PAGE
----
The Kissing Bug Invades the U.S…. :: By Geri Ungurean

The Kissing Bug Invades the U.S. from South of the Border

Many of us have been wondering about diseases which may be brought into the U.S. by illegal immigrants. Little did we know that deadly bugs never seen in our country have now invaded half of our States. These bugs come from Mexico, Central America and South America. And the Kissing bug carries a deadly disease called Chagas.

The bug goes by various names. One of these names has a rather endearing sound to it: the Kissing Bug. But don’t be fooled. When you see why it was named this, you will be alarmed.

The Kissing Bug name came about because, when these insects enter your home, they wait till the middle of the night and bite around the mouth area and also around the eyes.

This bug was found in Maryland where we live

Click here to view Kissing Bug  < click to view Kissing/Assassin Bug

Map of U.S. States Where Kissing Bug Has Been Spotted  < Click here to see Map

While out on our screened porch recently, I saw a bug which was identical to the one online.

Chagas Disease


Chagas: An Emerging Infectious Disease Threat in U.S.

Chagas, a parasitic disease, is the latest invisible killer infection to be recognized as a growing threat here. The infection is transmitted by the Triatomine bug, known as the “kissing” bug. The bugs infect people through bites—often near the eyes or mouth—or when their infected feces are accidentally rubbed into eyes or mucous membranes. Some transmission occurs from mother to child during pregnancy. Occasionally, transmission is through contaminated food or drink.

Most people in the U.S. with Chagas disease probably became infected as children, living in Latin America. The infection often has few symptoms early on, but after several decades, strikes fatally, often with sudden death from heart disease. I suspect that, similar to Lyme disease, the magnitude of disease and deaths from the protozoan parasite, Trypanosoma cruzi, which causes Chagas disease, is unrecognized in the U.S.

In Latin America, however, up to 12 million people might be infected, with a third going on to develop life-threatening heart complications. Chagas is a major cause of congestive heart failure and cardiac deaths, with an estimated 11,000 people dying annually, according to the WHO.

There are an estimated 300,167 people with Trypanosoma cruzi infection the U.S., including 40,000 pregnant women in North America. There are 30,000-45,000 cardiomyopathy cases and 63-315 congenital infections each year. Most of the people come from Mexico, El Salvador, Guatemala, Honduras, or Argentina; Bolivia has the highest rate of Chagas in the world.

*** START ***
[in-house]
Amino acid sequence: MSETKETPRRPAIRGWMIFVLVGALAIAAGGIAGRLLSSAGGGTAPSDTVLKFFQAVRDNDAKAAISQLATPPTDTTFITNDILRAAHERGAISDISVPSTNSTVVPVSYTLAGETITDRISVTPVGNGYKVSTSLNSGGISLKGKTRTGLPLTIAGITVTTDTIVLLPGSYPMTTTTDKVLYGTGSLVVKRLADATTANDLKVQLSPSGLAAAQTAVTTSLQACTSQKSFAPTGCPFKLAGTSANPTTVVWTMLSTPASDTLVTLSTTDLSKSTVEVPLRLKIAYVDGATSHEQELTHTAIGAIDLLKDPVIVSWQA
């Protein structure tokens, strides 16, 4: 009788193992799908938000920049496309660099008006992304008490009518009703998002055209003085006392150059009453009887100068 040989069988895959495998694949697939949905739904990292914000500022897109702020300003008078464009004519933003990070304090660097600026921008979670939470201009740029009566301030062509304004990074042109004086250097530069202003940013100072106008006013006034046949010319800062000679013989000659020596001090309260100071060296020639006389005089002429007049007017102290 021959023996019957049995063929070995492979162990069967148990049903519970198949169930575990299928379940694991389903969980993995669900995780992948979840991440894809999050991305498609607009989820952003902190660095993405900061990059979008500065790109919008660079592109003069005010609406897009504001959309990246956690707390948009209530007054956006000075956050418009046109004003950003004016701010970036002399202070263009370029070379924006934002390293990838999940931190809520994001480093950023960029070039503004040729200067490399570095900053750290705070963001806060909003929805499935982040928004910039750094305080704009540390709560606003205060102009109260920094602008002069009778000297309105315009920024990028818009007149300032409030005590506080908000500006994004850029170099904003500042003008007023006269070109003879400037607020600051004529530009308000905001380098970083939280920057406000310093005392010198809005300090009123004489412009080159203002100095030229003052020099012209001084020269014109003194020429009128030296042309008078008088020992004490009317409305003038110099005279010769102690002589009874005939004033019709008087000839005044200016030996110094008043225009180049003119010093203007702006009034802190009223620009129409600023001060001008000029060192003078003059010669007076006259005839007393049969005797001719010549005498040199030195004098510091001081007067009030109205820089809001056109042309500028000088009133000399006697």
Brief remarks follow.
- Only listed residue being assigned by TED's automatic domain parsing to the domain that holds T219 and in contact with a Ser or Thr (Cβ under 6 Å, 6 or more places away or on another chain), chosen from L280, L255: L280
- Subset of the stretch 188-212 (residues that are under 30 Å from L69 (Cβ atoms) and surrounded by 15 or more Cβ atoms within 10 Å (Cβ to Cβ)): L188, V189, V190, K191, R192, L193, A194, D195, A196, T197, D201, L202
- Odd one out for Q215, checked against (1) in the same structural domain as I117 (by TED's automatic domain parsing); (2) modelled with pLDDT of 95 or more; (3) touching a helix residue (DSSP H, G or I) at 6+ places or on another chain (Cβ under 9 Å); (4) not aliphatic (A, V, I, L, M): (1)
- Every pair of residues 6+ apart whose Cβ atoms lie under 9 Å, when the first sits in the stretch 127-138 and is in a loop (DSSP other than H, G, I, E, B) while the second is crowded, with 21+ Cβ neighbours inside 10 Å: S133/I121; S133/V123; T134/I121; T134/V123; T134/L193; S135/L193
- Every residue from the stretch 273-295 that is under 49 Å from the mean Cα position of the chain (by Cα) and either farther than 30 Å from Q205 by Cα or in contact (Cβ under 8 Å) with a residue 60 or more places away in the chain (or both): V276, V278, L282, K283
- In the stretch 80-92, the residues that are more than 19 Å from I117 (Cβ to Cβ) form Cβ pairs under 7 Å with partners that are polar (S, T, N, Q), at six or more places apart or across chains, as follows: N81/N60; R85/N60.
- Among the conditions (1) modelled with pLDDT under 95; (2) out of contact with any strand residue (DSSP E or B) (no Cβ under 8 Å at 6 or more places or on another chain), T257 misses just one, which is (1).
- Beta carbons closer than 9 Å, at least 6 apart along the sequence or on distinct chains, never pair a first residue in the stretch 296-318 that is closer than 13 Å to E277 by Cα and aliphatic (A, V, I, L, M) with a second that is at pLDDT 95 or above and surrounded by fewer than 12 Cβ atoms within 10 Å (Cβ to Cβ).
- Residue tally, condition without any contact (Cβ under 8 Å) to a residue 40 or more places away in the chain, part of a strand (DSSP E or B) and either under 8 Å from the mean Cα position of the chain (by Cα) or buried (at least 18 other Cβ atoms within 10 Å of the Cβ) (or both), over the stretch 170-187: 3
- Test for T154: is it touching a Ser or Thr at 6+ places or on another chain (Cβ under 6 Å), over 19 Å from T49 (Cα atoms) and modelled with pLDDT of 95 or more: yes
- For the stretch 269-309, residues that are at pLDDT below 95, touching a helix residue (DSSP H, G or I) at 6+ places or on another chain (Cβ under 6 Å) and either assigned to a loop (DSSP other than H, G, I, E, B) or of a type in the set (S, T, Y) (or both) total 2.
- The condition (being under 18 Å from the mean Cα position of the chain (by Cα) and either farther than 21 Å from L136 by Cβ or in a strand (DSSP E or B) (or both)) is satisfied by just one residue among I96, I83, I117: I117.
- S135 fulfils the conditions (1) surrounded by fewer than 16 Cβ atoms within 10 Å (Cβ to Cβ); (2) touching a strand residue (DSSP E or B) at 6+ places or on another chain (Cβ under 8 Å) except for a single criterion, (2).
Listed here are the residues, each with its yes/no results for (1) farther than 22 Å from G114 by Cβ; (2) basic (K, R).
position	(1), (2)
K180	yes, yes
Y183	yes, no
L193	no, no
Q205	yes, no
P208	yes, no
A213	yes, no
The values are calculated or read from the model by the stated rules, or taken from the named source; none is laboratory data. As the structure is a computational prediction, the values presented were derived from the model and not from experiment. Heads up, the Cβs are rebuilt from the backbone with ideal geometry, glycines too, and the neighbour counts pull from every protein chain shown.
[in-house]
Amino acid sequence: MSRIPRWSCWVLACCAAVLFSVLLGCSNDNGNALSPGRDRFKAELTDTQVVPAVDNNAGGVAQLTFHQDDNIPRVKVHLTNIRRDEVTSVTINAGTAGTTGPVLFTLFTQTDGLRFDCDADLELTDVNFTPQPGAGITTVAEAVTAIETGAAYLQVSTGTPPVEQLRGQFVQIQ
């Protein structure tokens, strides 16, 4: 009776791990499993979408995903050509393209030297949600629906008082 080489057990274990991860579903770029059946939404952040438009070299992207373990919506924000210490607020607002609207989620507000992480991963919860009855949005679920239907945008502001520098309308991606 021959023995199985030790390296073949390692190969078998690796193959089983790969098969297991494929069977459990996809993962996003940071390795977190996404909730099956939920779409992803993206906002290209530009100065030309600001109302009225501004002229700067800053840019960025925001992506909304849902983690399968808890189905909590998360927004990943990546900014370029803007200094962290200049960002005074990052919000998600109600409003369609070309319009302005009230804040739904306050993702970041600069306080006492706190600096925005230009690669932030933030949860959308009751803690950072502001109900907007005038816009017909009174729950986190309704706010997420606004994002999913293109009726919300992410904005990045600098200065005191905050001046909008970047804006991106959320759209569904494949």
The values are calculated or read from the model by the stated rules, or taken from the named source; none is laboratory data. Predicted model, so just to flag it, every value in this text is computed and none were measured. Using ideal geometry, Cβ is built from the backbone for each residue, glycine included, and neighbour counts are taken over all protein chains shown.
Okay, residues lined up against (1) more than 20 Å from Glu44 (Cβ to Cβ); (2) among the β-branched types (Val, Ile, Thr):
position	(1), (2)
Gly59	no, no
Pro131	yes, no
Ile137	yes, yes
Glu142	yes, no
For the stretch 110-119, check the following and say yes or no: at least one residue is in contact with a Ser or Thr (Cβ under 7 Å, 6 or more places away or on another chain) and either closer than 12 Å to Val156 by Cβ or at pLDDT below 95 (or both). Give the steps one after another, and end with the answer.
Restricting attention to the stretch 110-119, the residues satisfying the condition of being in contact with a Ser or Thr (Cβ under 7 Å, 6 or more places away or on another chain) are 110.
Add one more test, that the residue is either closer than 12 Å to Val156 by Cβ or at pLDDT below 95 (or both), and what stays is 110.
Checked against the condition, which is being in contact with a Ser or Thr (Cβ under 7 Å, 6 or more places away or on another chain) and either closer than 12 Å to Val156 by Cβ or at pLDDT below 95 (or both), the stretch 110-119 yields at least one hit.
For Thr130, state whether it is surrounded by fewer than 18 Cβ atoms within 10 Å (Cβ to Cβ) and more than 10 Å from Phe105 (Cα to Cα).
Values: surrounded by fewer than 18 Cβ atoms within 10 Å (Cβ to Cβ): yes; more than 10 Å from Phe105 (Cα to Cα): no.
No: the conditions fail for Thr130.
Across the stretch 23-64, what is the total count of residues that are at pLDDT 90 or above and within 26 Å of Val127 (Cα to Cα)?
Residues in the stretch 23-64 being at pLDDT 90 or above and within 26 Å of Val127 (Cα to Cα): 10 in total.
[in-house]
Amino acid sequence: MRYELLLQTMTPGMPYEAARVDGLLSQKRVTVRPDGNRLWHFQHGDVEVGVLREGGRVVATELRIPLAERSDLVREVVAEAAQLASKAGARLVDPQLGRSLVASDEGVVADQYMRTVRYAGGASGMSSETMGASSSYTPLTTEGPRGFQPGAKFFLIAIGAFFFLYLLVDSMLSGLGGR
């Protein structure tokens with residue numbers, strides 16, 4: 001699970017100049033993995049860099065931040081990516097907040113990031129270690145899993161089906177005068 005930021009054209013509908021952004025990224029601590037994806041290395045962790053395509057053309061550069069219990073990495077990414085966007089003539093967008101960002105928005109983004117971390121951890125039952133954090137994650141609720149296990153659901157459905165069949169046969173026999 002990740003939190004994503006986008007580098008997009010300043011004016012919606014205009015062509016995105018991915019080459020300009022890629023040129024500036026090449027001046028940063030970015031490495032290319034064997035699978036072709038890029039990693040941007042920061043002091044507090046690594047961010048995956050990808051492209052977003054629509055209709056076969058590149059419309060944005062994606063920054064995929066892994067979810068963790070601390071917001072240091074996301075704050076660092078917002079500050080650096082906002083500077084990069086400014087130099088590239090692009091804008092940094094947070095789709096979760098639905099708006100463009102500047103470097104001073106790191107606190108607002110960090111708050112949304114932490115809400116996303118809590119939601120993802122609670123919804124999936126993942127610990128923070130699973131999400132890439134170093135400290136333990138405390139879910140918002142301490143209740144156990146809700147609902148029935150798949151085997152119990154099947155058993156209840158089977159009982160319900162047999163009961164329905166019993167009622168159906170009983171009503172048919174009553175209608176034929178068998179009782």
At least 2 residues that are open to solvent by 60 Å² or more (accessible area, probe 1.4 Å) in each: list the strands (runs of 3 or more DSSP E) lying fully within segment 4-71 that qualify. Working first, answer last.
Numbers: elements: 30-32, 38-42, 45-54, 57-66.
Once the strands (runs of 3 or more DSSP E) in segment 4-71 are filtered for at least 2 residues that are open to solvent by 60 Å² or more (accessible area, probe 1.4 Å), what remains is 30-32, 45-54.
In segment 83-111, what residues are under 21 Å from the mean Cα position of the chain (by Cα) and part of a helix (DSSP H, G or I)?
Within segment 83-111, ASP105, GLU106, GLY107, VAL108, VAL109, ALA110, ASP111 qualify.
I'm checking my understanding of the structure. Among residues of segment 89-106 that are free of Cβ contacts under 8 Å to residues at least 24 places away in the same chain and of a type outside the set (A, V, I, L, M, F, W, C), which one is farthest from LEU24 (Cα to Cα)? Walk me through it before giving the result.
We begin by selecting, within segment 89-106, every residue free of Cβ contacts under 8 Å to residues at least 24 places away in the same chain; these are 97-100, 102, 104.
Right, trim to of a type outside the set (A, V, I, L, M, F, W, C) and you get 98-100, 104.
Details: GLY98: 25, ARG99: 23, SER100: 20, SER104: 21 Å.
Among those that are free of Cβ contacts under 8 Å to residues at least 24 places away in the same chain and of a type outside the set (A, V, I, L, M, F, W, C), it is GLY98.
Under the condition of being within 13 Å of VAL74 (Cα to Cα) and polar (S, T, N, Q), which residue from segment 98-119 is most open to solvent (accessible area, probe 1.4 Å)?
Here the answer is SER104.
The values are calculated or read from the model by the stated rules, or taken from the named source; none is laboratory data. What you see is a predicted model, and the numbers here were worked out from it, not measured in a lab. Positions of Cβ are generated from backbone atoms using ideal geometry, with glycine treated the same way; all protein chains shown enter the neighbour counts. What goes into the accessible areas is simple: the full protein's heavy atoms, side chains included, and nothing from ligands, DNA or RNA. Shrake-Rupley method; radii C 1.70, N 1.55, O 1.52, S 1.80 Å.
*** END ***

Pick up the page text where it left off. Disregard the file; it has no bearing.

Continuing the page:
But in the U.S., we don’t often think of Chagas. Even as an infectious disease physician, I’ve never treated anyone with it, and it is not on my radar. So when a physician sees a patient who may have come to the U.S. as a child, and now has diabetes and hypertension, he or she is likely to attribute the heart disease to that and not look for infection. In fact, though, there are large pockets of undiagnosed disease. For example, a survey in Los Angeles of patients with a new diagnosis of cardiomyopathy who had lived in Latin America for at least a year, found 19% had Chagas disease, and they had a worse prognosis than those without the infection.

There are other reasons Chagas is overlooked. One is that Chagas is not a reportable disease except in four states, and Texas only began reporting in 2010. Most cases here have been detected by screening of blood donations, which has found about 1 in every 27,500 donors to be infected, according to CDC. However, a 2014 survey showed “one in every 6,500 blood donors tested positive for exposure to the parasite that causes Chagas disease.” A map of positive donations is here. While the triatome bugs are most common in the southern half of the U.S., they are actually quite widespread, as shown here.

Much bigger barriers to diagnosis are social and cultural. Many patients lack health insurance. Others are undocumented immigrants fearing deportation. Health literacy and language barriers are huge. There is a stigma associated with the diagnosis, as there is for many patients with TB, as Chagas is associated with poverty and poor living conditions. As Daisy Hernández noted in her excellent story in the Atlantic, “it’s hard, if not impossible, for moms with Chagas and no health insurance to see the doctors who would connect them to the CDC,” and “patients don’t necessarily have savings in case they have adverse reactions to the medication and can’t work.”

There are pockets of Chagas in the states, including Los Angeles, the Washington metropolitan area, and the Texas border, where there are large immigrant communities from endemic areas. But I suspect that with climate change, we’ll see more Chagas in the southwest U.S., as more triatomine bugs are found further north. One recent study found more than 60% of the collected bugs carried the Trypanosome parasite, up from 40-50% in two similar studies. There are also now seven reports of Chagas infection that are clearly autochthonous, or locally acquired.